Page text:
We've had Democratic voters here in the state of Florida filing lawsuits. I mean, there are so many shots being fired across the respective bows of their ships that it's amazing how many court battles. And so to answer your question very succinctly, I don't know. But I'll tell you one thing, nobody else does either.
PHILLIPS: Very safe answer. Is there a reasonable end?
VAN SUSTEREN: I hope that there's a reasonable end for the benefit of the American voters, and I can only say, we shall see. But I can tell you one thing, the plot thickens. And there's going to be a lot of confusion, a lot of legal action, a lot of legal pleas. And there's also got to be evidence taken.
I mean, we don't know what the facts are. You know, at this point it's never been established exactly what the facts are. We have no idea the concentration of the ballots, we have no idea why 19,000 ballots in this county were thrown out, we have no idea why there's double voting. At this point, we only have lots of suspicion. And there's a lot more to the bottom of the facts.
And while there are a lot of people who hate litigation and hate courts, at least in the courtroom we do have standards. You have to present proof, and hopefully that may be one safe resolution. But at this point, we simply don't know. We have lots of intriguing legal issues, lots of intriguing political issues. But we also have an enormous amount of uncertainty.
PHILLIPS: Greta, is there an absolute legal deadline where this has to be wrapped up? I mean, is it possible that this could go into next year?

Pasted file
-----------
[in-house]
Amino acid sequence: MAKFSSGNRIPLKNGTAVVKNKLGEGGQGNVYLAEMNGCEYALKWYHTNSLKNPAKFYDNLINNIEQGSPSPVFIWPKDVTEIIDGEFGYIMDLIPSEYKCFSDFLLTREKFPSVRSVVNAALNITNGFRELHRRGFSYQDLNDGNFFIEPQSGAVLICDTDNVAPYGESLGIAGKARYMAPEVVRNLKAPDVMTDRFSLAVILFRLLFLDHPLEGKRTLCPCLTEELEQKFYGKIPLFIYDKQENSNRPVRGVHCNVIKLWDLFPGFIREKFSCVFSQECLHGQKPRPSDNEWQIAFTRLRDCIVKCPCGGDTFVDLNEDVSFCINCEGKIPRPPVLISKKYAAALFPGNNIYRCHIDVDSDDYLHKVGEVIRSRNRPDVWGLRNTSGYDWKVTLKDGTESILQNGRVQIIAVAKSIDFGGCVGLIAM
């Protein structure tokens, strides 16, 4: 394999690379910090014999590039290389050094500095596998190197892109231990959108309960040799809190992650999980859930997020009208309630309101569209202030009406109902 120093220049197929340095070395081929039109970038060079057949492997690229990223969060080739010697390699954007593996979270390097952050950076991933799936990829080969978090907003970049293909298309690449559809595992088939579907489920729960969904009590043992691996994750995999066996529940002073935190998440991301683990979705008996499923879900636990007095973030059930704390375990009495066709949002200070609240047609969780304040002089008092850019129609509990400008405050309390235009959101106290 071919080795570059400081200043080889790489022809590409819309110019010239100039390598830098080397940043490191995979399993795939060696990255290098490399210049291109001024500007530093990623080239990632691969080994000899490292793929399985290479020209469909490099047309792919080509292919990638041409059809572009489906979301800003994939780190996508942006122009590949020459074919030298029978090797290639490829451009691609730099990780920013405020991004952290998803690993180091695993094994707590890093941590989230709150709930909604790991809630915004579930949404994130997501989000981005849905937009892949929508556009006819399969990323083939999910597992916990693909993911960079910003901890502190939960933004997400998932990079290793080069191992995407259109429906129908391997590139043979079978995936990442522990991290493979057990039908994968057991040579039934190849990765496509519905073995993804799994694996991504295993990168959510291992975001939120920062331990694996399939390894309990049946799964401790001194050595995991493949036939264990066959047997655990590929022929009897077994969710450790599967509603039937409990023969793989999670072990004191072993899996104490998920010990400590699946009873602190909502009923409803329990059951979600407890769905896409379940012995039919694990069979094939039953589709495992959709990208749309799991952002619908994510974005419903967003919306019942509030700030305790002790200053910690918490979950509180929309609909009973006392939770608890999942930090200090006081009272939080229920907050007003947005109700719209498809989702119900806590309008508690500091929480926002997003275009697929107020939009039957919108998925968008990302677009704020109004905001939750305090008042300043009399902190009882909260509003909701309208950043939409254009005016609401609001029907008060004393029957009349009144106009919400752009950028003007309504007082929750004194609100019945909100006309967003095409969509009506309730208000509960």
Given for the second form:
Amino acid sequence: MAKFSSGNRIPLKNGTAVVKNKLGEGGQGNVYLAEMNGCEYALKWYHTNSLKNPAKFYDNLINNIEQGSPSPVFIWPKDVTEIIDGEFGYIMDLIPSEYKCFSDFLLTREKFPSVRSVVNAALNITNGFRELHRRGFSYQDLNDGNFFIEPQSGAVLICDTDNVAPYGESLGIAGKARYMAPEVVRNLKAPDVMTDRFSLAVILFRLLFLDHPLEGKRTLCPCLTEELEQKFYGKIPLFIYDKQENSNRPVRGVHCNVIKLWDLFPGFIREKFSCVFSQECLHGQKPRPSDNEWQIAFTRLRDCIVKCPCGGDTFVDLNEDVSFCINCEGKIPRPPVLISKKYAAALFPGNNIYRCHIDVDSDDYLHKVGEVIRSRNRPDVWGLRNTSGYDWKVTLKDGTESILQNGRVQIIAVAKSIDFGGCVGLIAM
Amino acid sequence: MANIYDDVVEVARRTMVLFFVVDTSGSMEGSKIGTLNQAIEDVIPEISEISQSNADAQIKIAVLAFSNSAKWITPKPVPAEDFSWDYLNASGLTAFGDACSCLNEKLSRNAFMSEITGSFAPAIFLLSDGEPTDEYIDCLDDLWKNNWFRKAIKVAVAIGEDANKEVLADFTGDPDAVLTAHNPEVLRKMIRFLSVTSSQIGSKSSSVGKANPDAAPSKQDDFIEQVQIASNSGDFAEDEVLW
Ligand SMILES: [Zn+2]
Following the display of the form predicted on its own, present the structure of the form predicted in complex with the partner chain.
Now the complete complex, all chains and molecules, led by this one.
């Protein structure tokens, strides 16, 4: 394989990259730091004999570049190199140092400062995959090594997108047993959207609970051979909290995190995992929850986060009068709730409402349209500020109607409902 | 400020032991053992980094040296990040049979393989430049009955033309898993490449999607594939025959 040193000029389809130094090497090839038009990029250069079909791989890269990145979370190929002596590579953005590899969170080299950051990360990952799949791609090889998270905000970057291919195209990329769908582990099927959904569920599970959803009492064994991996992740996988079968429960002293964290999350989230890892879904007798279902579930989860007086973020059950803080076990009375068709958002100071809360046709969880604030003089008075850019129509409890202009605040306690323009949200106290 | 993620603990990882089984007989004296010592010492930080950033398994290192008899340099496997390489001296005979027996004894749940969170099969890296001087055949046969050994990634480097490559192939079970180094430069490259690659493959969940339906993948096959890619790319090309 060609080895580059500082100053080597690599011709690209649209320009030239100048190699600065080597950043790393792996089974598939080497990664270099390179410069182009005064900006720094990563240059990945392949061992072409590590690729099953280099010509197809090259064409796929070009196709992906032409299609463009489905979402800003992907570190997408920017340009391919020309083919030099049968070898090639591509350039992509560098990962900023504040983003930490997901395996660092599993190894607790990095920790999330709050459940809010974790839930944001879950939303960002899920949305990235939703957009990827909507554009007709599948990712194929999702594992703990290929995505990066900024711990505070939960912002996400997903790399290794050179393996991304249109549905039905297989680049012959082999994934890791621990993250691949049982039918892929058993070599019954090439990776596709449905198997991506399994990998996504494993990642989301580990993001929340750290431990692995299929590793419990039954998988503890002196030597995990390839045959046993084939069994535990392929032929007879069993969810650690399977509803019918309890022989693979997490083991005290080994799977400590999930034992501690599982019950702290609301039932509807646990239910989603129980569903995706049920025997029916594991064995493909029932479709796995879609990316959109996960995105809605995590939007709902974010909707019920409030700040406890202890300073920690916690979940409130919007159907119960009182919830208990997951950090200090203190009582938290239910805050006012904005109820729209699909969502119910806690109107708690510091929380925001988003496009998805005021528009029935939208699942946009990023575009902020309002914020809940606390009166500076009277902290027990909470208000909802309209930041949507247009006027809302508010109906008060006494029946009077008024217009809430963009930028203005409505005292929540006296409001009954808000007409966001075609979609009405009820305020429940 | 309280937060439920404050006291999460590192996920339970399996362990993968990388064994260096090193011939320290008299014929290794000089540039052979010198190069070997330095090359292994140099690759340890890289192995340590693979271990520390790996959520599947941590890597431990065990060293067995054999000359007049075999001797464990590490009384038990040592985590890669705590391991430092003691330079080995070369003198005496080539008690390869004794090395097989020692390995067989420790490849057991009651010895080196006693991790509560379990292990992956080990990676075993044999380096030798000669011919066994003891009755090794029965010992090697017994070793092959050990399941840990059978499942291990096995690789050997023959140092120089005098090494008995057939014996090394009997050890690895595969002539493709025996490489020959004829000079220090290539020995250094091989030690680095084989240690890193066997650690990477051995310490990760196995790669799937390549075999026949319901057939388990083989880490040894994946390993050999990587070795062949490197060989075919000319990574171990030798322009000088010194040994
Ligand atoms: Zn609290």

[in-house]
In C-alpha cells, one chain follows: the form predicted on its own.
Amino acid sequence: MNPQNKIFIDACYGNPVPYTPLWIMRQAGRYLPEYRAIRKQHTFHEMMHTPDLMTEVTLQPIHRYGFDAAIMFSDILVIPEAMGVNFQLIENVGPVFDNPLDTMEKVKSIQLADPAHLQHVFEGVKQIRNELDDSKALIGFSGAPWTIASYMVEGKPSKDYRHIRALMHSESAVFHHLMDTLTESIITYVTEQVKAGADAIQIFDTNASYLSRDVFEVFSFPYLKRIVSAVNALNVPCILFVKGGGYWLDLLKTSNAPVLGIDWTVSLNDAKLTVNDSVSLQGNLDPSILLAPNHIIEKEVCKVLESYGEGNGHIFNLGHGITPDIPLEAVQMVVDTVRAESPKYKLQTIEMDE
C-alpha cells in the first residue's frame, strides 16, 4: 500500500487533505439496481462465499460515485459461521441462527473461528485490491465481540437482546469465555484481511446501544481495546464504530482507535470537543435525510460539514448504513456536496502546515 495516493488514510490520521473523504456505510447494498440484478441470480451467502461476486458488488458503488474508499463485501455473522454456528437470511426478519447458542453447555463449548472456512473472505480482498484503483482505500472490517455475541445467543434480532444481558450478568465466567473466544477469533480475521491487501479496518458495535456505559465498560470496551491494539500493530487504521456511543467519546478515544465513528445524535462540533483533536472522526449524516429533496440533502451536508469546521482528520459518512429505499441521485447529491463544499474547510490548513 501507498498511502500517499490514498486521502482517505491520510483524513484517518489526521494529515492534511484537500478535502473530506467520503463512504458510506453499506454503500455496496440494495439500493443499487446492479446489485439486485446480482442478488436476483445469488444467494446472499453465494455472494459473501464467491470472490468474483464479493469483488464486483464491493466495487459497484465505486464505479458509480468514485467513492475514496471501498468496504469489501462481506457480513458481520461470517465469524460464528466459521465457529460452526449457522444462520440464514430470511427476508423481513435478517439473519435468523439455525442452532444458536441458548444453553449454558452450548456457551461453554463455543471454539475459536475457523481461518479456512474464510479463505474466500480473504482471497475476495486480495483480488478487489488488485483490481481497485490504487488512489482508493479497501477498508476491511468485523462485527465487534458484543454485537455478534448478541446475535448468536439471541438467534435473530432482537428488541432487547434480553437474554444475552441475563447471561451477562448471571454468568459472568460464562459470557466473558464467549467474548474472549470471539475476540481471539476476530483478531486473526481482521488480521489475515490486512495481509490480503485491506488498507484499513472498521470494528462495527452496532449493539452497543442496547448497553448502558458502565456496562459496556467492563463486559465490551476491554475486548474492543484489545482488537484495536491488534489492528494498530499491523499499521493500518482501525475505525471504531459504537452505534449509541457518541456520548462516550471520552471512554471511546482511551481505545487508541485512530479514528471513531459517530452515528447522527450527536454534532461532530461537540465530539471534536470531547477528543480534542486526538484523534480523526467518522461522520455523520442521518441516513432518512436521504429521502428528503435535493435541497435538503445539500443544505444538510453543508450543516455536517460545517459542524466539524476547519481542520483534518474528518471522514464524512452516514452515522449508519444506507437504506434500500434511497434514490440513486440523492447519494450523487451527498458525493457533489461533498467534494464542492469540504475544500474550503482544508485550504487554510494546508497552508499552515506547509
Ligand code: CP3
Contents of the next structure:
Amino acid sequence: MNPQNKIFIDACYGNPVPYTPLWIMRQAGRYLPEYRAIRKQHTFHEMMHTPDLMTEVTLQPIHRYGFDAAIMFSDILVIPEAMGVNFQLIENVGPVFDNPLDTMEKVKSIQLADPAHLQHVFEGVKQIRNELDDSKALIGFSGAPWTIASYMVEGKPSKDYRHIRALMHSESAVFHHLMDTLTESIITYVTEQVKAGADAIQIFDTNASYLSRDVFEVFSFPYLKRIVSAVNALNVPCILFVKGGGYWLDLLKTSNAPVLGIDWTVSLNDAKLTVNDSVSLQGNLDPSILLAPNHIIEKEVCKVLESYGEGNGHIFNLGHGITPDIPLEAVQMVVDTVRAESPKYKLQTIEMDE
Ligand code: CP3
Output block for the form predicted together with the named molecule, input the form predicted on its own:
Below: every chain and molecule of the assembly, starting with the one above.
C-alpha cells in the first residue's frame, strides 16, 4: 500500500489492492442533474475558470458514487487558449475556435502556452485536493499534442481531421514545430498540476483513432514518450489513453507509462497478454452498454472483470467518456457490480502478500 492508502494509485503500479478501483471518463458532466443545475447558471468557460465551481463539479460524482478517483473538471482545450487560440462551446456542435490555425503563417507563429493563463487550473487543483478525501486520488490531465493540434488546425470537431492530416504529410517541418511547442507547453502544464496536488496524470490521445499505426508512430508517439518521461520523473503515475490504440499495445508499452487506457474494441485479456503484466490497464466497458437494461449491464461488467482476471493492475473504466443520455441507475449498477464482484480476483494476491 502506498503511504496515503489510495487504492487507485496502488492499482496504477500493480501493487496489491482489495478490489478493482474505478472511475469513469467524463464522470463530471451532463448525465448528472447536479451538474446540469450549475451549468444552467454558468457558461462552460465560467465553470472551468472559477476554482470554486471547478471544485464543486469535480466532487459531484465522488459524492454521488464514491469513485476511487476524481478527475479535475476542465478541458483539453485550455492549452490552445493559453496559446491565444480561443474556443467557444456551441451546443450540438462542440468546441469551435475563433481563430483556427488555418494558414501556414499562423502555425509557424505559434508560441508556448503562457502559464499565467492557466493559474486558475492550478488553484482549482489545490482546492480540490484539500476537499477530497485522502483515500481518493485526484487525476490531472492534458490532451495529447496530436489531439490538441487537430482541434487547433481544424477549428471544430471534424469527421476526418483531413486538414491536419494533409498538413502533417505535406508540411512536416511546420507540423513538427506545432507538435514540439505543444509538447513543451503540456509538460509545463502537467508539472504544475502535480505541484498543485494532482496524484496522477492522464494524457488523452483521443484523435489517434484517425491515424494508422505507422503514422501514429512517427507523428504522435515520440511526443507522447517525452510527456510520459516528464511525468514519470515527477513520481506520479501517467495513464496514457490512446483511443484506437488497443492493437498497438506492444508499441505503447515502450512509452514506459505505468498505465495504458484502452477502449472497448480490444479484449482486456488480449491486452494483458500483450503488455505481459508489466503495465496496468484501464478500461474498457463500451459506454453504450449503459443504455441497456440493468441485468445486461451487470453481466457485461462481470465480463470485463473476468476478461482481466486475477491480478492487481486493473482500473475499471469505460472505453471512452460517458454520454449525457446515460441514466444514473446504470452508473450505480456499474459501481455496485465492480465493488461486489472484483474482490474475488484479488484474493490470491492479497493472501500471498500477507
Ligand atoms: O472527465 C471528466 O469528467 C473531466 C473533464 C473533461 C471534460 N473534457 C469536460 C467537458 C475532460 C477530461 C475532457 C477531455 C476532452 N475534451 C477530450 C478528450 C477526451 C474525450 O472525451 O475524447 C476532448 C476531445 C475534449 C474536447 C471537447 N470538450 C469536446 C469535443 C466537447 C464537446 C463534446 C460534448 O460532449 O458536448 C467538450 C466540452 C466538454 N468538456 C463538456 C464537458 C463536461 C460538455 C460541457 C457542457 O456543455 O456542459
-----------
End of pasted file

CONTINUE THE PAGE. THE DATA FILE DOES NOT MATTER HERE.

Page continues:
VAN SUSTEREN: You know, by statute, on December 18th, the electors are supposed -- the electors from the Electoral College are supposed to meet and vote. And, you know, that's when we expect that the next significant event in this election should occur.
It's unclear. I mean, I can give you all sorts of bar question hypotheticals. For instance, suppose that down here in Florida that for whatever reason that the election is not certified so they can't have the Electoral College members here in the state in Florida vote. Suppose, though, that they allow it to go forward hypothetically on December 18th and the question then is who has the majority of the Electoral College votes? Of course, then it would be Gore because there are so many Electoral College votes here in Florida.
But those are simply hypotheticals. And the reason that as a legal analyst I keep giving you hypotheticals is because when we examine these issues, we look at precedent, we look at history and see how it's handled before. But we don't have that here. We can't look back and see how it's handled four years ago because -- or eight years ago or even a hundred years because this is so new. This is brand new. This is something we've never seen before, so we can't even begin to predict the future on how it will unravel.
PHILLIPS: All right, Greta, this could be a crazy question, and forgive me if it seems just so crazy, but is it possible that President Clinton will have to remain president even into the next year?
VAN SUSTEREN: Well, he's certainly going to remain president until January 20th, which is Inauguration Day. The question is, if he can't run for another term -- I know that's a very technical question. I don't know the answer to that, Kyra. I wish I did, and maybe by the next time I get on the air I'll try to figure that one out. But it certainly is another -- at least it's another -- maybe another...
VAN SUSTEREN: bar examination -- maybe another bar exam question.
PHILLIPS: There you go. All right, Greta Van Susteren, thank you so much.
And we're going to take a quick break. We'll be right back.